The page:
In vitro activity of voriconazole and other antifungal agents against clinical isolates of Candida glabrata and Candida krusei.

Research paper by M M Drago, M M MM Scaltrito, G G Morace,

Indexed on: 20 Jul '04Published on: 20 Jul '04Published in: European Journal of Clinical Microbiology & Infectious Diseases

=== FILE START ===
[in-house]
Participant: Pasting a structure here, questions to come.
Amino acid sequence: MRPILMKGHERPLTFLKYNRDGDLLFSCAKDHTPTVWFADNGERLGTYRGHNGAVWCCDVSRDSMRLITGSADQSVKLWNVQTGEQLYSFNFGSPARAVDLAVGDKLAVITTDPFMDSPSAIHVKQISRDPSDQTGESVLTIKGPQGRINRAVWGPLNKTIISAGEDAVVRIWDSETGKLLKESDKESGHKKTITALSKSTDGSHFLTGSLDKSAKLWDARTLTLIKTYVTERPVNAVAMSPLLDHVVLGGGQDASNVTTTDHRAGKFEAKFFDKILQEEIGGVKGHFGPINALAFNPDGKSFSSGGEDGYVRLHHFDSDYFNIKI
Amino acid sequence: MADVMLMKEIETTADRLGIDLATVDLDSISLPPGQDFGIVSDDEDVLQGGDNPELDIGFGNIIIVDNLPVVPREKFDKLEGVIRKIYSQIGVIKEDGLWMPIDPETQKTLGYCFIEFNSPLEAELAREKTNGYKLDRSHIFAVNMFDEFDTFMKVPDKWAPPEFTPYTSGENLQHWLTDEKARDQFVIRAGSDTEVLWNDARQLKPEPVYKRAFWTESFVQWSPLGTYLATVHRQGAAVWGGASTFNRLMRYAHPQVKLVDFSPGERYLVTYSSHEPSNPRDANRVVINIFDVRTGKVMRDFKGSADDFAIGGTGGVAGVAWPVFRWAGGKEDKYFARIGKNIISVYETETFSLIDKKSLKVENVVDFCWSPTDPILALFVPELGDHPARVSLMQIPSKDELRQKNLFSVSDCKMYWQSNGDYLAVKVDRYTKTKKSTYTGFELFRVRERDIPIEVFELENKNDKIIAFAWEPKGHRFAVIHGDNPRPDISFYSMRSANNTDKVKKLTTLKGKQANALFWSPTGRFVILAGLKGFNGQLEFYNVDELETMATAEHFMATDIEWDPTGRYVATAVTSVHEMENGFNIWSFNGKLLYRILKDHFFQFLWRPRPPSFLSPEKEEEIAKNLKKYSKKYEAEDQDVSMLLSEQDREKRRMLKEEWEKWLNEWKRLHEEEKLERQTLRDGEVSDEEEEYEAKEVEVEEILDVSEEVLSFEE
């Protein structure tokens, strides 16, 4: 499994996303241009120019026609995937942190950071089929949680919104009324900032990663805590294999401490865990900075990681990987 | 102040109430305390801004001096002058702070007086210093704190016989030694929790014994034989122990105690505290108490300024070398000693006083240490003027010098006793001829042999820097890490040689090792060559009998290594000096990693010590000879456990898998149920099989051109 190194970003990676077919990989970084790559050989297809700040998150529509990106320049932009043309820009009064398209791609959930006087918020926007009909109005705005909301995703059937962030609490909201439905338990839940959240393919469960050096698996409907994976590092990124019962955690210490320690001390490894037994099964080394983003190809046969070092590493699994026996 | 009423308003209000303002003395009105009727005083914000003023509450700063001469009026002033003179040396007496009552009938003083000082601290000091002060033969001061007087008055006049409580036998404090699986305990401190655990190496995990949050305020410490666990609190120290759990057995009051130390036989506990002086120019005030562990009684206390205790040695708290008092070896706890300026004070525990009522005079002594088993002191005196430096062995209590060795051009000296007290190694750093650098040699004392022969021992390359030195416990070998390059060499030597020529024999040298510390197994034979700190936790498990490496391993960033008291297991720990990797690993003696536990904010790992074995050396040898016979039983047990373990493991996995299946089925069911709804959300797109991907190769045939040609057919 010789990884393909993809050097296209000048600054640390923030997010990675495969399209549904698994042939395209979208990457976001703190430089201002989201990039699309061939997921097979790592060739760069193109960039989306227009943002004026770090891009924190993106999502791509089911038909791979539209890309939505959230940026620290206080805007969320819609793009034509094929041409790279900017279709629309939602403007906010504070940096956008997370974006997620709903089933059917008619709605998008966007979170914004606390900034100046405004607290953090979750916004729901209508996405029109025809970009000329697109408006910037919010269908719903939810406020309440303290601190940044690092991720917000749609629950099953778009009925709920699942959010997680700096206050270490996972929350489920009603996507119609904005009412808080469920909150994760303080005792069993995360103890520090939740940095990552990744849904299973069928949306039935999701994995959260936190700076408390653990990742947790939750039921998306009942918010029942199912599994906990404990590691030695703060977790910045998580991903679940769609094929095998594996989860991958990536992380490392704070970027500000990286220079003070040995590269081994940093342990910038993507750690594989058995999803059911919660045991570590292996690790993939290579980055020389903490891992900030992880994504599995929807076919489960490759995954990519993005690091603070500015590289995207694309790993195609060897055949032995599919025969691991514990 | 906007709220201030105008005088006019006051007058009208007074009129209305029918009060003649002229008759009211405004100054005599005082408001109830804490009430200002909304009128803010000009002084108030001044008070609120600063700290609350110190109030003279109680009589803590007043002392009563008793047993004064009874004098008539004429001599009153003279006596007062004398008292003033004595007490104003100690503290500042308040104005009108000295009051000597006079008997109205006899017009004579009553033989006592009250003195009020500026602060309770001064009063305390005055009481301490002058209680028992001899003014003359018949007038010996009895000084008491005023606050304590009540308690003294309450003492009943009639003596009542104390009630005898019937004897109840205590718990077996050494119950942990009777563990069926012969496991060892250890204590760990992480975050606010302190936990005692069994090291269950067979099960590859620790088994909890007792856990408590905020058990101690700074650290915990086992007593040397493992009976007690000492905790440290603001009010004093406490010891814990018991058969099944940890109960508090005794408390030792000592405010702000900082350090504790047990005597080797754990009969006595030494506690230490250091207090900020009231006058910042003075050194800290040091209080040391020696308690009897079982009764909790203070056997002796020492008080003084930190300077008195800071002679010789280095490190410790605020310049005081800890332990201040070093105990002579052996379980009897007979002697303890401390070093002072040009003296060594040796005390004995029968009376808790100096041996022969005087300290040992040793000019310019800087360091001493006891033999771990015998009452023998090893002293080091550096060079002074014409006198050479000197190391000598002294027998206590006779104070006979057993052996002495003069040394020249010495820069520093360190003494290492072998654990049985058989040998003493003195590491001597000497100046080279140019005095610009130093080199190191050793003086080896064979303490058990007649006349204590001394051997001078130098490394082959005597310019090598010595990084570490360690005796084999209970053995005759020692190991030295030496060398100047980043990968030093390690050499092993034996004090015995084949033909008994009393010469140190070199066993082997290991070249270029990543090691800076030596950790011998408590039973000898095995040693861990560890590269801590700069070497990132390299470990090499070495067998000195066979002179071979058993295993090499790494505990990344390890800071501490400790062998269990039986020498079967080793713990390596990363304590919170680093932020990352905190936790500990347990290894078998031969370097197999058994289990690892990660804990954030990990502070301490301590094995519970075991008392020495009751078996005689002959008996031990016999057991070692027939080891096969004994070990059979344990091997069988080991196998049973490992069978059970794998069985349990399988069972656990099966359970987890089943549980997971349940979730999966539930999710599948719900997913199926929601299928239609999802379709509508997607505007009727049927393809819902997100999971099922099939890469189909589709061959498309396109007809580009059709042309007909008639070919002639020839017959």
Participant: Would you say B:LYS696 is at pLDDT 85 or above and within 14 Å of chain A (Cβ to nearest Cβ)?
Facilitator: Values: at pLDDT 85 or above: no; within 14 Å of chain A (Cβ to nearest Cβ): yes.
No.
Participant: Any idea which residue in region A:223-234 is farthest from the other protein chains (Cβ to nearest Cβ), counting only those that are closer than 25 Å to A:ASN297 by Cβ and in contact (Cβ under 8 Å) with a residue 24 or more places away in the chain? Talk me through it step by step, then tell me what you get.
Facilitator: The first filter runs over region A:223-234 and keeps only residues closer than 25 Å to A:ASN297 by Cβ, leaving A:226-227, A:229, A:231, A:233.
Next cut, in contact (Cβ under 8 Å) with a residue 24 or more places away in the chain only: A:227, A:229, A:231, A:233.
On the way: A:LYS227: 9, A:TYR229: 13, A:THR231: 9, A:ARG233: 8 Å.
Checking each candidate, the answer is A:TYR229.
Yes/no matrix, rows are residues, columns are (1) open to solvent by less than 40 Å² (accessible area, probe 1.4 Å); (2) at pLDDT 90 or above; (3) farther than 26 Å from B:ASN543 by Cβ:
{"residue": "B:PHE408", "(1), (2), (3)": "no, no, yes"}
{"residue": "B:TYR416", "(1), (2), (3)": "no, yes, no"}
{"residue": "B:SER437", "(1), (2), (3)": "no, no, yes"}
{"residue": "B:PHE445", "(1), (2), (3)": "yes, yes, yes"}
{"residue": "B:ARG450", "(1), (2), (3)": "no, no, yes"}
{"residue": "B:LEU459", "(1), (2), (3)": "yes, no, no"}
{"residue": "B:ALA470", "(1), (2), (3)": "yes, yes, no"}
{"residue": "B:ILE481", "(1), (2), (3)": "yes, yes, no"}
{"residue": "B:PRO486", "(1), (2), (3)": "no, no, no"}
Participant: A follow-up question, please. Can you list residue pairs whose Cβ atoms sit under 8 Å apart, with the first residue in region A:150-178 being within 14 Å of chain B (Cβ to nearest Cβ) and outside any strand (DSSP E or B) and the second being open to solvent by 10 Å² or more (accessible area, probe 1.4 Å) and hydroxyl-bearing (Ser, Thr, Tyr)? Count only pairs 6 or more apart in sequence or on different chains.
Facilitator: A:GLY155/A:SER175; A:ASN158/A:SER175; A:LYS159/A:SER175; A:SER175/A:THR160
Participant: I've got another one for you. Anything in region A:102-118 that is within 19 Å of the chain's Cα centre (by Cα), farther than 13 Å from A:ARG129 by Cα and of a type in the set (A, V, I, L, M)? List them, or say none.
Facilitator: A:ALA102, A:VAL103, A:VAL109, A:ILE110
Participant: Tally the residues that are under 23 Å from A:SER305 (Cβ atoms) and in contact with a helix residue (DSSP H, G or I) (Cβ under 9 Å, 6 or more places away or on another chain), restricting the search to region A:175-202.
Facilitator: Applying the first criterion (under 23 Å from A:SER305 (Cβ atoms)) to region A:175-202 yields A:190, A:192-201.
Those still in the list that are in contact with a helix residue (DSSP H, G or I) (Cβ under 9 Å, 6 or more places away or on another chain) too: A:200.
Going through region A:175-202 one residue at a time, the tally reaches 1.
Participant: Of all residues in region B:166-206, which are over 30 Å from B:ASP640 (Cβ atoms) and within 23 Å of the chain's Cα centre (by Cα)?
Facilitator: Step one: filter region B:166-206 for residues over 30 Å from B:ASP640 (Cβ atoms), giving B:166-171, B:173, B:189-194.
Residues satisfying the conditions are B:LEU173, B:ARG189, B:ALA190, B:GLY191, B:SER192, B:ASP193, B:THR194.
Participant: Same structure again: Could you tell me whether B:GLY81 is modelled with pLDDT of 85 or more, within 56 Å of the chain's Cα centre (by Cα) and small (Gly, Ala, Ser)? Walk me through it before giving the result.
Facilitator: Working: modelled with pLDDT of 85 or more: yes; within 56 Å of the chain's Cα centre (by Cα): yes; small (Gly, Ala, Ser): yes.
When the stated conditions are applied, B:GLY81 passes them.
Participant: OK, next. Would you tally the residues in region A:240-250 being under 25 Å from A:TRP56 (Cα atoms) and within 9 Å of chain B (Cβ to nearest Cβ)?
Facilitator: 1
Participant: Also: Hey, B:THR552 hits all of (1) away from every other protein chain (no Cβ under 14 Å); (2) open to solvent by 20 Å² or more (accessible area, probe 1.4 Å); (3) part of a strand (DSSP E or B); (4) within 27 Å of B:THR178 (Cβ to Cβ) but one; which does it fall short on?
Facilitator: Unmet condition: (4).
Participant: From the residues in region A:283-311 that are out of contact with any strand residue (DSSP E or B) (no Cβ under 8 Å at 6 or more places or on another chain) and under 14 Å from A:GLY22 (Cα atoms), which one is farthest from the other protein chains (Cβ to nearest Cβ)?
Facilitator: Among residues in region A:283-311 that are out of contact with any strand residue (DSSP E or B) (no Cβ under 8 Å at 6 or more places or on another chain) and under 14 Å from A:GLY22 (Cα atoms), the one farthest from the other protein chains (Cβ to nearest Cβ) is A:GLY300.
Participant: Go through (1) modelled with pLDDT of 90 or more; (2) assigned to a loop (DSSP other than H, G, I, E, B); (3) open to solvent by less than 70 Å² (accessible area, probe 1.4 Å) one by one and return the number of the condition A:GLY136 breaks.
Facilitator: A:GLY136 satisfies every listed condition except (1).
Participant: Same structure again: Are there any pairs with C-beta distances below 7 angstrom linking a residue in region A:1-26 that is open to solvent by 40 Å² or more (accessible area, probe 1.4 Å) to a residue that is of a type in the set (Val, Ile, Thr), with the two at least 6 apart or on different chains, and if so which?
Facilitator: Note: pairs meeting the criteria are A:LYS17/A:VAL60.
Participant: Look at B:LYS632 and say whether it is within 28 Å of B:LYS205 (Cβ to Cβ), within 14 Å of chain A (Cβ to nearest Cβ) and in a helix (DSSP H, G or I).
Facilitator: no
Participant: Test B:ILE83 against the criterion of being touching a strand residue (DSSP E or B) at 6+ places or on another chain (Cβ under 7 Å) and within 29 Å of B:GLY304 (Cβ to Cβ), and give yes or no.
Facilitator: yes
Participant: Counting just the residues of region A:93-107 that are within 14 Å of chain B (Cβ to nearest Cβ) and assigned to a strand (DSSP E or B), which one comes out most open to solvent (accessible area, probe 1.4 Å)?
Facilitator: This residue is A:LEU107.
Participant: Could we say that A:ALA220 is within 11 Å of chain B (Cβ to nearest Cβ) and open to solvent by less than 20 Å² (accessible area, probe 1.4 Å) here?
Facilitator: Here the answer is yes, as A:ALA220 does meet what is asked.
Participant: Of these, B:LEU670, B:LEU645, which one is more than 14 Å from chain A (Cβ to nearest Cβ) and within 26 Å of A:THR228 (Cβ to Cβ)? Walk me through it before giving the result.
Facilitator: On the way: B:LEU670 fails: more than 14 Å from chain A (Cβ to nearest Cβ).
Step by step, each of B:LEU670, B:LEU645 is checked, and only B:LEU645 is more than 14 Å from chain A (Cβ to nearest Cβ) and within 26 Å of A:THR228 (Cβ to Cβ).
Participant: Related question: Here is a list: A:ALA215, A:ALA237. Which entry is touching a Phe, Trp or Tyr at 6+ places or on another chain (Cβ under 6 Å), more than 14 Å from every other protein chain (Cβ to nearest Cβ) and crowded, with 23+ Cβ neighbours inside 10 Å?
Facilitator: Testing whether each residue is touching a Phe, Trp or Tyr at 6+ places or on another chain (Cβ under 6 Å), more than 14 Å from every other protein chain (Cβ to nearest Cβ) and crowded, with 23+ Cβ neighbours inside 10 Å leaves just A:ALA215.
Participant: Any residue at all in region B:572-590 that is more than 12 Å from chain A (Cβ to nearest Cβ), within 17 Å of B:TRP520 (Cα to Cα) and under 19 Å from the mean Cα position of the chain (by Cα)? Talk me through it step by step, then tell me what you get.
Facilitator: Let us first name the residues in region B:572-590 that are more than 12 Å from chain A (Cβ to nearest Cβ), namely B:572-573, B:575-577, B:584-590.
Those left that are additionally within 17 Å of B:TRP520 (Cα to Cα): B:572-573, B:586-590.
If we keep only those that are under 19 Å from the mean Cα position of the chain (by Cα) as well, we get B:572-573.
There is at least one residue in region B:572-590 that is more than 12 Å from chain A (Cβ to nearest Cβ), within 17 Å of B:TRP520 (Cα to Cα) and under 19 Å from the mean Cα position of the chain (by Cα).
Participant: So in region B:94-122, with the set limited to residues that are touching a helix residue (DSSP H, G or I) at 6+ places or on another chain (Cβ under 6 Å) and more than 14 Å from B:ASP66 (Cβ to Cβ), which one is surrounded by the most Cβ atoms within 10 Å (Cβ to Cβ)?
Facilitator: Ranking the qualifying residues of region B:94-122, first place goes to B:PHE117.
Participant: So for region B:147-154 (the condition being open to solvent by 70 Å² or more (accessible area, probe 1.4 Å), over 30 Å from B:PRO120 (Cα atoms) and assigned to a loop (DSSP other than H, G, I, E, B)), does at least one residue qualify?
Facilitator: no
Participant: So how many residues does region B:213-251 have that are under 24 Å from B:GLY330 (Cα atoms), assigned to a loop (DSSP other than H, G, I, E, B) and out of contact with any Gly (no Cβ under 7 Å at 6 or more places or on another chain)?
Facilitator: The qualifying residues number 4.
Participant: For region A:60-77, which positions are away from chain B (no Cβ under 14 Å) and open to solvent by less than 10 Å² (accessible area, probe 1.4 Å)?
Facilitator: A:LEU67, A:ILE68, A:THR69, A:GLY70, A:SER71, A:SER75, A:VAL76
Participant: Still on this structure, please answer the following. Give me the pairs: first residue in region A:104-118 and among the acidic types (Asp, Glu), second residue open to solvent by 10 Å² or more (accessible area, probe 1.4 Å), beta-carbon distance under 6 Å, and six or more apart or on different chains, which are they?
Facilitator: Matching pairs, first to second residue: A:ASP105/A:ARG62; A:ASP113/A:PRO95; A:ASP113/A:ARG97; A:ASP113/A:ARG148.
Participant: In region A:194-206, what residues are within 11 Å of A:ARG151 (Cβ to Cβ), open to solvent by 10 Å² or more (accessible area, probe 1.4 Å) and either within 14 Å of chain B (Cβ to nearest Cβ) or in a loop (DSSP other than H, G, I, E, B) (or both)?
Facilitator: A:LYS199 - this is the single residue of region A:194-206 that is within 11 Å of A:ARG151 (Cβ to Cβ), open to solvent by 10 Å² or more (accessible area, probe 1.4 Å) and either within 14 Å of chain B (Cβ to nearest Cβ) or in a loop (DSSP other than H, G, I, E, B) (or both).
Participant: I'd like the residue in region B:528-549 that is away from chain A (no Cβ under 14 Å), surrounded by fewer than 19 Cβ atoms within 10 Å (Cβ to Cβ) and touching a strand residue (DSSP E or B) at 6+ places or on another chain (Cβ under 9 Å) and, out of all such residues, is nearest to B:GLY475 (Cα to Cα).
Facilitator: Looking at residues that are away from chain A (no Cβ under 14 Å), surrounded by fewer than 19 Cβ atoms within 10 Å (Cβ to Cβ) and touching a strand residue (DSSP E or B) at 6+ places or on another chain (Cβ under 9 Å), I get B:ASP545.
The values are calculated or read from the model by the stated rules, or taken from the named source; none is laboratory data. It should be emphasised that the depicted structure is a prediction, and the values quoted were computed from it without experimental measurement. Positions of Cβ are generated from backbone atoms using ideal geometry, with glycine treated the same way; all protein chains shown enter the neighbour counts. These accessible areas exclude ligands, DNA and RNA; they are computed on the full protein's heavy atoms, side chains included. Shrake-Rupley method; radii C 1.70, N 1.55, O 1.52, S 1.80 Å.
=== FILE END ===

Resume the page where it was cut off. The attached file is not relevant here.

The antifungal susceptibility of 309 Candida glabrata and 63 Candida krusei clinical isolates was tested via the Sensititre YeastOne-3 system (Trek Diagnostic Systems, East Grinstead, UK) to compare the in vitro activity of voriconazole with that of five other antifungal agents (amphotericin B, fluconazole, itraconazole, ketoconazole, and flucytosine). Voriconazole was highly active (MIC90, 0.5 microg/ml) against isolates of both species, including those for which the MICs of itraconazole and fluconazole were high (MIC90s of itraconazole, 2 microg/ml for C. glabrata and 0.5 microg/ml for C. krusei; MIC90s of fluconazole, 32 microg/ml for C. glabrata and 64 microg/ml for C. krusei). Ketoconazole MIC90 values for both species were identical to those of voriconazole. The MIC90 of amphotericin B was similar for both species (0.125 microg/ml for C. glabrata and 0.25 microg/ml for C. krusei). As expected, flucytosine was only moderately active against C. krusei isolates (MIC90, 16 microg/ml) but was highly active against C. glabrata isolates (MIC90, 0.03 microg/ml). Potential cross-resistance within the azole class was noted for some strains of C. glabrata (5.5%) that presented high MIC values for all the azoles tested. In order to consider voriconazole a viable alternative to other triazoles for the treatment of infections caused by Candida species, susceptibility testing of all clinically significant isolates of C. glabrata and C. krusei is recommended because of the potential for azole cross-resistance. The Sensititre YeastOne-3 seems to be a suitable commercial tool for this purpose.

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